Lean Into The Dark: A Winter Message

I love the seasons and the beautiful gifts and blessings that come from each time of year. I treasure the winter solstice – a time of change and transition. It’s also true that the time of year around winter solstice can be challenging for me, both leading up to it and shortly thereafter.

Normally this time of year is often rather bare, cold, and dark early in Maine where I live. This can weigh down my spirits at times. I have to make an effort to keep my spirits and my attention up. This ties into something else about me that’s certainly true this time of year, but it’s true more generally as well, which is I’m continually looking for inspiration around me for better ways that I can act and think about things, approach my life.

It’s one of the reasons I’m so grateful for ecopsychology. Not only is it a core part of my professional life, but it has been influential in my personal life for as long as I can remember. In particular, psychological biomimicry: Looking at the core principles, teachings, lessons, qualities that characterize the natural world and how we can psychologically integrate them into our lives. I found that this is transformative and helpful all times of year.

I recently had some inspiration that ties into psycho-spiritual biomimicry that was brought to me by a beloved EPI community member, a treasured elder, a woman named Ann Carroll. Many of you might be familiar with her because luckily for us she participates in a number of our programs. This happened to be a program of hers that was based on a book that she recently wrote, “Reading In The Dark”. To start this event, Ann shared the story of a man named Malidoma Somé from the Dagara tribe in West Africa, who’s been a very influential spiritual teacher and writer.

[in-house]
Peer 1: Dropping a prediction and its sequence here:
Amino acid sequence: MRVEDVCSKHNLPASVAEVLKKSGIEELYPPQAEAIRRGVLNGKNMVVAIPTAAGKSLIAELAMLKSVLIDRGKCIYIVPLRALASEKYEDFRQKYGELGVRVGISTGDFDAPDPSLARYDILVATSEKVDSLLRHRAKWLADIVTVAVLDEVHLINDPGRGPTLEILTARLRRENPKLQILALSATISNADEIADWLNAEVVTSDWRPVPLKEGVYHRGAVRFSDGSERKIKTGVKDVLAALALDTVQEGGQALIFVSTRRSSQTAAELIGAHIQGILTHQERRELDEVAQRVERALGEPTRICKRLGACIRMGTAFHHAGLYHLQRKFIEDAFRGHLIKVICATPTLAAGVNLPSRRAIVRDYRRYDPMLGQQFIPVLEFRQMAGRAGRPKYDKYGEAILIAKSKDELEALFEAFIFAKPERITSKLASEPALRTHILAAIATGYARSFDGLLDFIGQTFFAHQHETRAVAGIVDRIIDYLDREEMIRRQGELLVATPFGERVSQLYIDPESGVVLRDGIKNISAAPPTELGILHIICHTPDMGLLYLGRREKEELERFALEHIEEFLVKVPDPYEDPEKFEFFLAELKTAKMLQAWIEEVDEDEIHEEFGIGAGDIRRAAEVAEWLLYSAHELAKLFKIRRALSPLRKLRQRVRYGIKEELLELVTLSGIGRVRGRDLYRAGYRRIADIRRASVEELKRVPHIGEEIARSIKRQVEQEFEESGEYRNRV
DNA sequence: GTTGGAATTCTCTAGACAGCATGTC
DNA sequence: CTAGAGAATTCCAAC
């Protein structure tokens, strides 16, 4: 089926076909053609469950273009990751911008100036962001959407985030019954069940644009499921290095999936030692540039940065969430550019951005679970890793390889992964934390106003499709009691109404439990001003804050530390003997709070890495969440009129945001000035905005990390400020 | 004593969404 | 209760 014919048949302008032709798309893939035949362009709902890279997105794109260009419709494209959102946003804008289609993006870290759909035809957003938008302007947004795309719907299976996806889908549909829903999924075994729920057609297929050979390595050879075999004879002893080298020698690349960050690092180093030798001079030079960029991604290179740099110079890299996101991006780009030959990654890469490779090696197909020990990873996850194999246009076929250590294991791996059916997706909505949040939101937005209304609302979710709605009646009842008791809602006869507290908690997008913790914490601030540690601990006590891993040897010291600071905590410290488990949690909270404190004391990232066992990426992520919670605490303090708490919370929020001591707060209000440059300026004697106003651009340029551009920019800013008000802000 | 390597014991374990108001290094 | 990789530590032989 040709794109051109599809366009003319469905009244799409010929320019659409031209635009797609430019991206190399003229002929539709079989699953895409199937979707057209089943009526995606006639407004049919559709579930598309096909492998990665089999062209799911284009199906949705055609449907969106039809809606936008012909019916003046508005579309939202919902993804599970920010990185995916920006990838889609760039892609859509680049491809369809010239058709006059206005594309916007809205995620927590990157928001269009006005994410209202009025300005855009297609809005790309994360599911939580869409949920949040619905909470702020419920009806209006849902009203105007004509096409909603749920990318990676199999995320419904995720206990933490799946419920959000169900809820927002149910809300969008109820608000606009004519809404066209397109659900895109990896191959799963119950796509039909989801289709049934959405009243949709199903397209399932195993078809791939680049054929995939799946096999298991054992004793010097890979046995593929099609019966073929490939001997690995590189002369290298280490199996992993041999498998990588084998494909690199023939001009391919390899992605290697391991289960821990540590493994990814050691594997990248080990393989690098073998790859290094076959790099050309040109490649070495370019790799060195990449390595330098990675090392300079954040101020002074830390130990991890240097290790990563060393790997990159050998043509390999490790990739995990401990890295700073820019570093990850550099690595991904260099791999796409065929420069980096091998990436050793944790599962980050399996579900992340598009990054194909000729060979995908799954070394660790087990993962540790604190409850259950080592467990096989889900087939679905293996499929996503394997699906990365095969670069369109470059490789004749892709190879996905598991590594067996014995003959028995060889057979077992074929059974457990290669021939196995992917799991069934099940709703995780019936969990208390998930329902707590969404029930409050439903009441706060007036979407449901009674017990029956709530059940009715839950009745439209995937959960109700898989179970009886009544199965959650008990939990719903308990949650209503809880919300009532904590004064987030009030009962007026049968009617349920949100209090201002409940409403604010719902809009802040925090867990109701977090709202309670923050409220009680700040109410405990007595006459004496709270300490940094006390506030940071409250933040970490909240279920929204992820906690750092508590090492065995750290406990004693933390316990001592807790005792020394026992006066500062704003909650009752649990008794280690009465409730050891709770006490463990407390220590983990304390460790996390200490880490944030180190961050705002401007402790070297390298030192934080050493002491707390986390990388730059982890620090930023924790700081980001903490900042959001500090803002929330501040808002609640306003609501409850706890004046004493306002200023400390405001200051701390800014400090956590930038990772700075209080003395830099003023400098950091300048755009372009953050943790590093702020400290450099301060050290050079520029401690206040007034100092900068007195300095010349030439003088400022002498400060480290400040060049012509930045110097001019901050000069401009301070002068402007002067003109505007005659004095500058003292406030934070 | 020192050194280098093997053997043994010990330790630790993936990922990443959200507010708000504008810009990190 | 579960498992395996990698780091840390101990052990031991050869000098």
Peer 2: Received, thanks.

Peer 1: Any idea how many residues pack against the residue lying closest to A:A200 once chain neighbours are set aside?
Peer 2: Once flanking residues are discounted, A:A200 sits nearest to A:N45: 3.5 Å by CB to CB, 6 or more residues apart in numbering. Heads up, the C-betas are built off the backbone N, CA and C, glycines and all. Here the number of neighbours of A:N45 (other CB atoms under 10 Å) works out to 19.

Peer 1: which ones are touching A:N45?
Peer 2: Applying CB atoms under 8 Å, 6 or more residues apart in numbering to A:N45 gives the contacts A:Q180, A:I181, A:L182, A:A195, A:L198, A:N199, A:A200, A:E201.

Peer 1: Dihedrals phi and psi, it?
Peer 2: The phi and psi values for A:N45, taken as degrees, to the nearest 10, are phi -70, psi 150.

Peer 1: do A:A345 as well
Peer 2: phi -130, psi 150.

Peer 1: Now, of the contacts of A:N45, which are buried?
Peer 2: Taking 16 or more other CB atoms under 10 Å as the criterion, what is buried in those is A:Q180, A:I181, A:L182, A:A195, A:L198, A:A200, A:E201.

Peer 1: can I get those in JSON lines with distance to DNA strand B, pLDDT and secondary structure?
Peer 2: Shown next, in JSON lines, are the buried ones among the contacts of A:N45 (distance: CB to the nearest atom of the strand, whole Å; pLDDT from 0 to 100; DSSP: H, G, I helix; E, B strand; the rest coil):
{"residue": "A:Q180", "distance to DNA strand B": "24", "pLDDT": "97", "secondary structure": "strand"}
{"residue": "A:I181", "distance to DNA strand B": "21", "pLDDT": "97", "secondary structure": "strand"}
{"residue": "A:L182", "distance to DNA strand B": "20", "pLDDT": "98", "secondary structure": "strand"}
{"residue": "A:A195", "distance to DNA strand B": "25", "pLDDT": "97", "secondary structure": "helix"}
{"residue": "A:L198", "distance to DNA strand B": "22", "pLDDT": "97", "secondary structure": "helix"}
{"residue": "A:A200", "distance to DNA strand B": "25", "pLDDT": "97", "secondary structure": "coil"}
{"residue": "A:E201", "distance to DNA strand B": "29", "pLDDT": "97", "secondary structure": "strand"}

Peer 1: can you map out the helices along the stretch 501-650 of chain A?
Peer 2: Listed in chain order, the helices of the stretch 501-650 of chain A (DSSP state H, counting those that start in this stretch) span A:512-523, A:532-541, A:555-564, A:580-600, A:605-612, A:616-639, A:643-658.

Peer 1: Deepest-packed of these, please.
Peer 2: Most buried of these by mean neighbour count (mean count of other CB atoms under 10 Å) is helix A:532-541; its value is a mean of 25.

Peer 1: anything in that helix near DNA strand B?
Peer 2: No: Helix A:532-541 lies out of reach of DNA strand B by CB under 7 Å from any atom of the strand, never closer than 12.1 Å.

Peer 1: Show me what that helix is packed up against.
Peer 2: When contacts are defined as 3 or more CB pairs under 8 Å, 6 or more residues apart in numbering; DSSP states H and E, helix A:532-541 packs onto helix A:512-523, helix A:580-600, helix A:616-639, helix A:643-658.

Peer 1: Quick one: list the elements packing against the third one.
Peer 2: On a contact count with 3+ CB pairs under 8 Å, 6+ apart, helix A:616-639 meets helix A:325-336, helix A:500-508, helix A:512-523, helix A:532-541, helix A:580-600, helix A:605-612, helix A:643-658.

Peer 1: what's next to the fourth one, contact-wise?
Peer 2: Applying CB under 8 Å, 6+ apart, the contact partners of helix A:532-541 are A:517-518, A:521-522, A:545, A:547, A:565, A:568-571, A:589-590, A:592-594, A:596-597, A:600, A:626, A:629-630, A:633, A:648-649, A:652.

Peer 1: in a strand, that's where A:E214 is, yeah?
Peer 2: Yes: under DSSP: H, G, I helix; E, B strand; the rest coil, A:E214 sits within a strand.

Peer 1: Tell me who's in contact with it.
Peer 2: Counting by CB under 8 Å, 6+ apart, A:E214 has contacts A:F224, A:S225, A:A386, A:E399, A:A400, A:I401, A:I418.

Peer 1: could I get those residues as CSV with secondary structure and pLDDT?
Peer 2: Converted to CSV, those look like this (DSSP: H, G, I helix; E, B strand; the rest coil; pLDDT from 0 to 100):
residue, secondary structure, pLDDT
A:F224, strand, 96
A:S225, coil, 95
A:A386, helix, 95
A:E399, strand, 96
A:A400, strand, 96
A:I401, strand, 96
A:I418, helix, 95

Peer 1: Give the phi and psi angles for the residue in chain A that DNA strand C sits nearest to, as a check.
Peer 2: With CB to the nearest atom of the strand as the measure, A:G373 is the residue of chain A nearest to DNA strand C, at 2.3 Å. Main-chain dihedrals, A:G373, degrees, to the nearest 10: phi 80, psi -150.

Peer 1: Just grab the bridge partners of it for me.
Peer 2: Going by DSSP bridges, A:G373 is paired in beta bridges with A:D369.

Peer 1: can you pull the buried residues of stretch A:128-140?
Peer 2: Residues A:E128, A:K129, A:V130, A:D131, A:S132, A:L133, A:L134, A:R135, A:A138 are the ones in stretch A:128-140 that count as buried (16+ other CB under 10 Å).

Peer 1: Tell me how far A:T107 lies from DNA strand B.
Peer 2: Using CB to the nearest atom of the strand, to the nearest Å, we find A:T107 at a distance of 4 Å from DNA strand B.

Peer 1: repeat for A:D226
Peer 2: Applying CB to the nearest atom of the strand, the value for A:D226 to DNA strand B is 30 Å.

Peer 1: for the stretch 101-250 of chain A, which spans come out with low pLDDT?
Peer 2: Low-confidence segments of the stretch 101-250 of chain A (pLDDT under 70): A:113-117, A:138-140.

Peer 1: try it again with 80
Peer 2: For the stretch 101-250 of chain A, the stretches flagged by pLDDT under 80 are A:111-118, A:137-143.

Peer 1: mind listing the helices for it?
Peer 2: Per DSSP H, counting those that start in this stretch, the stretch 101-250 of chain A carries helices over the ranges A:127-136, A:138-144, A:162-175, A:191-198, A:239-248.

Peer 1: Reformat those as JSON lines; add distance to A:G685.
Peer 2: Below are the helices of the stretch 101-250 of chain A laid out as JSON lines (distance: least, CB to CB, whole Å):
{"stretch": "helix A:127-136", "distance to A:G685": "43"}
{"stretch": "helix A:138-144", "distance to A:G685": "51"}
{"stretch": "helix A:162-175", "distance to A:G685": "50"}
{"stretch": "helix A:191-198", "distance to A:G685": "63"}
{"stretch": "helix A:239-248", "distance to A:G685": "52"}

Somé was taken to a Jesuit school and quickly acquired a lot of learning and knowledge. He was very bright and precocious, so picked up things very quickly. At some point, Some ends up going back to his tribe while he was still young.

His tribe recognized his intelligence, learning and booksmarts that he picked up, but they said, despite all of this, you’re missing something just as important, maybe if not more so. And that’s your ability to see in the dark. They were likely talking both about the literal ability to see in the dark and the psychospiritual one as well.

We know from the natural world, darkness, night and shadow play a critical role in our planet and in ecology. Many plants and animals, ecosystems, and organisms depend on the nighttime, not to mention the season of darkness, which is late autumn and early fall.

Unfortunately, many of us and our cultures have lost contact with our relationship with the darkness and the shadow. We have fallen out of balance more often than not. We try to light things up or get rid of the darkness and the shadow, eliminate it, cast it away, avoid it, deny it. At times we find ways to bypass or distract ourselves from it, and this likely explains a lot of the problems that we see in the world. Certainly planetarily we’ve lost connection to the whole and to the balance.

I had two different responses hearing this talk. One, I was feeling a little bit humble because the truth is being in relationship with the darkness and shadow is a core part of psychological biomimicry which I talk so much about, and yet, I’ve kind of fallen out of balance with that. I’ve lost my way a little bit.

The other part of that is that I was really grateful and inspired because I realized then that that’s going to be my theme moving forward – as we move into solstice. I want to lean into the dark in the coming wintertime.